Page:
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NCCOA Current News

November / December 2019

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  • State Receives Federal Grant for Partnerships to Combat Opioid Epidemic: Gov. Roy Cooper announced on November 25 that North Carolina has received a new federal grant that will help North Carolina partner with local justice systems — including local law enforcement, courts and others — to prevent opioid overdoses and connect people to treatment. The North Carolina Department of Health and Human Services (NC DHHS) was awarded $6.5 million over the next three years by the U.S. Department of Justice’s Bureau of Justice Assistance. DHHS will make grant funds available to a minimum of nine sites to implement evidence-based programs for people involved in the justice system based on a competitive application process. To read more about this, click here. (NC DHHS Press Release, 11/25/19)
  • Politifact Partnership: WRAL is now the official partner in North Carolina of PolitiFact, the Pulitzer Prize winning organization that fact checks the accuracy of claims made by elected officials and others on its Truth-O-Meter scale. WRAL's PolitiFact team will offer reports every weekday on the facts behind what politicians and pundits on both sides of the aisle are claiming. (WRAL NEWS, 11/17/19)

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Archived News

October 2019

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  • Medicare Open Enrollment Period (OEP) Runs October 15 – December 7: The annual OEP, provides the opportunity for seniors to sign up for Medicare or change the plan they already have. This year, there are several Medicare changes to be aware of in making decisions about plans. The biggest difference is the Medicare Part D coverage gap—also known as the “donut hole”—has been closed a bit. The gap refers to the out-of-pocket costs incurred by reaching a certain benefit threshold on medications. Medicare Part D beneficiaries can expect a 25% copayment/coinsurance for drugs from the beginning of their plan year after meeting any plan deductible until they reach the 2020 out-of-pocket spending limit of $6,350. After that, they pay 5% of drug costs. This limit is significantly higher than it used to be, and provides even more reason to shop around and compare prices. Another drug-related change is the approved list of drugs plans may cover. Both Medicare Advantage (MA) and Medicare Part D prescription drug plans may restrict coverage in very specific ways. For example, a prescription drug used to treat two conditions may be approved for only one condition under Part D. It is important to understand what plans cover. There is a new category of supplemental benefit that is offered in Medicare Advantage plans for chronic conditions. This new benefit can include anything the Centers for Medicare & Medicaid Services deems to have a reasonable expectation of improving or maintaining the overall health or function of enrollees with chronic diseases. Since this is a new feature and the benefit is not required to be offered uniformly to all chronically ill enrollees, seniors should ask about it before deciding on a Medicare Advantage Plan. Read more on this subject page 5-6 of October News Edition.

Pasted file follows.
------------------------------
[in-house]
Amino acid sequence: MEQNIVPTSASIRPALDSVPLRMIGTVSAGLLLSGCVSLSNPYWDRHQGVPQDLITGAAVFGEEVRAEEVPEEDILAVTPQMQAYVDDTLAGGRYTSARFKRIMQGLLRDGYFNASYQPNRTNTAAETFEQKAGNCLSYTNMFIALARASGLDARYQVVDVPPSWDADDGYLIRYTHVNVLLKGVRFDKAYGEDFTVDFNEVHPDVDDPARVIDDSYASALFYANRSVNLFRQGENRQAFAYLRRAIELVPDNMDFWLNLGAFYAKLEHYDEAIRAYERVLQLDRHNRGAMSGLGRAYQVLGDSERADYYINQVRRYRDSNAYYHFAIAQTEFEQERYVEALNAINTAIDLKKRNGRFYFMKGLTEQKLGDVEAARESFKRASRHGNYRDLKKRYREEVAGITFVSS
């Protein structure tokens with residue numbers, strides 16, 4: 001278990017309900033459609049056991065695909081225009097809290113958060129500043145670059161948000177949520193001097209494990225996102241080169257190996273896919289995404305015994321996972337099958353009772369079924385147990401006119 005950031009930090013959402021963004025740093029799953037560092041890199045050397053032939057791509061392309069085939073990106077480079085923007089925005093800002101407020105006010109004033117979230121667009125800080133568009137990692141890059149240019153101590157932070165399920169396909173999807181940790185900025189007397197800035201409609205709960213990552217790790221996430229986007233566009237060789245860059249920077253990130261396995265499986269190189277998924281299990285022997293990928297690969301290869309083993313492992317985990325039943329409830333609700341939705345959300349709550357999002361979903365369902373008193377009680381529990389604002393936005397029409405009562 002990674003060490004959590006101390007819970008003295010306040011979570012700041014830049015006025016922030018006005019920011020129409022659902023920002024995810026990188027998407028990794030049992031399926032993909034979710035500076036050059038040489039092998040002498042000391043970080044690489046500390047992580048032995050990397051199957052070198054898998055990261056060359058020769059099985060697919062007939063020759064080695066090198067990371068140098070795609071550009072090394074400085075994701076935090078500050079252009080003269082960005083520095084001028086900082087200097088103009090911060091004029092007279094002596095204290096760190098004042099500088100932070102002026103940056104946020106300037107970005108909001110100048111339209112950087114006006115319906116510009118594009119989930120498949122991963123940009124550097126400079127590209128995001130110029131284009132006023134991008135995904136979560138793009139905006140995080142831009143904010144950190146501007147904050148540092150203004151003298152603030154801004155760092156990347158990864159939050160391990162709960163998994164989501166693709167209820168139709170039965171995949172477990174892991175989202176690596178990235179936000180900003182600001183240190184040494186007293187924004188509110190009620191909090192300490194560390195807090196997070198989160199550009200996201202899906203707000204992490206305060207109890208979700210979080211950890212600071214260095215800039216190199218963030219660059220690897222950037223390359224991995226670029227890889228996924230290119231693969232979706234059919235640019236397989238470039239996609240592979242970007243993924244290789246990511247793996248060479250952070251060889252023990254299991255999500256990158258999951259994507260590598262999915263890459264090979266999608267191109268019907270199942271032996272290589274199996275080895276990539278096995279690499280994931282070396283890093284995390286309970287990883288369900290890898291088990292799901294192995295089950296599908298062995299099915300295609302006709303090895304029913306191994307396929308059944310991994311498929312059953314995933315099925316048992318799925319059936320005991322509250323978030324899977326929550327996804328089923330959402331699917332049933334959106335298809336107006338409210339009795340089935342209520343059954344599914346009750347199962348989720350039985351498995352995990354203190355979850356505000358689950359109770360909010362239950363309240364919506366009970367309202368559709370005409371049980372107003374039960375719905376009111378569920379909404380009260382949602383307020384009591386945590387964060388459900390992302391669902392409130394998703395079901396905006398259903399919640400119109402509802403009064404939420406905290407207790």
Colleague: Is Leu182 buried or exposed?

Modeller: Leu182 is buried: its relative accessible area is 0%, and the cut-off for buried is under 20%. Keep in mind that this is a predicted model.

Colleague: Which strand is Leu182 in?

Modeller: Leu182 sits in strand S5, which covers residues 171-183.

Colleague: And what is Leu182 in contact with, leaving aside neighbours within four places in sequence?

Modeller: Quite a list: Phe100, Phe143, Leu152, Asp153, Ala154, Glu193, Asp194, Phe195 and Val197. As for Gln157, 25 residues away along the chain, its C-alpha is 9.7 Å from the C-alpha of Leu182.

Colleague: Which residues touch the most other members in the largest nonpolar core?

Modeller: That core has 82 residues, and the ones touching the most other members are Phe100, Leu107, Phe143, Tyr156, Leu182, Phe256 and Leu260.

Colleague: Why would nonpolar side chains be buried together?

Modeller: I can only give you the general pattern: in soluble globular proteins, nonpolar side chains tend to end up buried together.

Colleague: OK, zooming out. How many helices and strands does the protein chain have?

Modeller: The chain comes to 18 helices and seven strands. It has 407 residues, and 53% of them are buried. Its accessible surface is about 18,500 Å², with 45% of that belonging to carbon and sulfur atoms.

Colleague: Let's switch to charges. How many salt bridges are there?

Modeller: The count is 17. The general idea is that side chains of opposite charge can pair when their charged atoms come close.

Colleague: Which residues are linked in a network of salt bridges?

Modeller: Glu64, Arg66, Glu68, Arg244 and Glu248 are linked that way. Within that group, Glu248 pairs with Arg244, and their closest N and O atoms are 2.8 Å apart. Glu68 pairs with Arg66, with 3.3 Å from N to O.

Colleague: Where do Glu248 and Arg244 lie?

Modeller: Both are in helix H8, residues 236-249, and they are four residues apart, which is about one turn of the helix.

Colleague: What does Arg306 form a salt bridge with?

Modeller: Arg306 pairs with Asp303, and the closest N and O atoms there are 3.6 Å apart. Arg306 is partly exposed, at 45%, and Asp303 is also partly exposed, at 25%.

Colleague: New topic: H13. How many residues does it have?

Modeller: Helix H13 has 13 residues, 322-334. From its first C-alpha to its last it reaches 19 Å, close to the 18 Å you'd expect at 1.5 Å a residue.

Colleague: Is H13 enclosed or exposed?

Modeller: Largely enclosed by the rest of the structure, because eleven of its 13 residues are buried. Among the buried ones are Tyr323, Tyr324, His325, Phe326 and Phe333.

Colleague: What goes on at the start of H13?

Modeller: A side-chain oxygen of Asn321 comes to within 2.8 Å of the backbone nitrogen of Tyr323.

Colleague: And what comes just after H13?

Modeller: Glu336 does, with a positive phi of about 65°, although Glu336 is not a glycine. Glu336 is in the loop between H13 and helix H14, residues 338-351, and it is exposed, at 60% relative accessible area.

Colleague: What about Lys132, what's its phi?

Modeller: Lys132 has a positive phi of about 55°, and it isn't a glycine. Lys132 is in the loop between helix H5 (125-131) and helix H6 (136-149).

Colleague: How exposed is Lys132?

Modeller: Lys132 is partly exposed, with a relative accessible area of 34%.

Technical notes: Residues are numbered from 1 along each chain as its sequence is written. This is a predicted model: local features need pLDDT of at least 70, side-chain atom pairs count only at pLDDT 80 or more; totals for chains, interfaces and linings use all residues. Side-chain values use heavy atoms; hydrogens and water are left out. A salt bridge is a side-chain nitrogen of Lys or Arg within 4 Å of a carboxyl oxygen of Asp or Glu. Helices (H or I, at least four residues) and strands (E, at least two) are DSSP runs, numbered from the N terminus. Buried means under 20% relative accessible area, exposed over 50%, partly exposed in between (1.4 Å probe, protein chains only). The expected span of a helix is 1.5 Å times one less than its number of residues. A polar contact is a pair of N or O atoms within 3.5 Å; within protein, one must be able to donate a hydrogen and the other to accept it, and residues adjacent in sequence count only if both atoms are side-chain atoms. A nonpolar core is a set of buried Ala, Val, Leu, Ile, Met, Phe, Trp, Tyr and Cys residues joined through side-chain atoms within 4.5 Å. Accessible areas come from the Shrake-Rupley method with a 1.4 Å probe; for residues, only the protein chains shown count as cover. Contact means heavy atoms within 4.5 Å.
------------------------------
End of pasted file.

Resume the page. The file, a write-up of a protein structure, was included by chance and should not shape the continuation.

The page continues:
• U.S. House Committee Approves Dignity in Aging Act: On September 18, the House Committee on Education and Labor approved H.R. 4334, the Dignity in Aging Act of 2019, and advanced it to the full House with a recommendation to pass the legislation. This bipartisan legislation reauthorizes the Older Americans Act (OAA) through 2024 and incorporates a number of improvements proposed by aging network partners. One of the most significant overall updates is the sustained growth in authorized funding levels. Read more on this subject page 6 of October News Edition.

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August / September 2019

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  • Election Security: The State Board of Elections voted on August 23 to certify new voting equipment from three companies, including machines that produce paper bar code ballots that advocates asked the board to reject over security concerns. The vote followed months of back-and-forth on the issue and negated a previous board move toward changing state rules to specifically require hand-marked ballots. New Chairman Damon Circosta cast the deciding vote, breaking with his fellow Democrats on the board and siding with its two Republicans. The vote was 3-2, and Circosta said after the vote that he had confidence in each of the new systems. (WRAL NEWS, 8/23/19)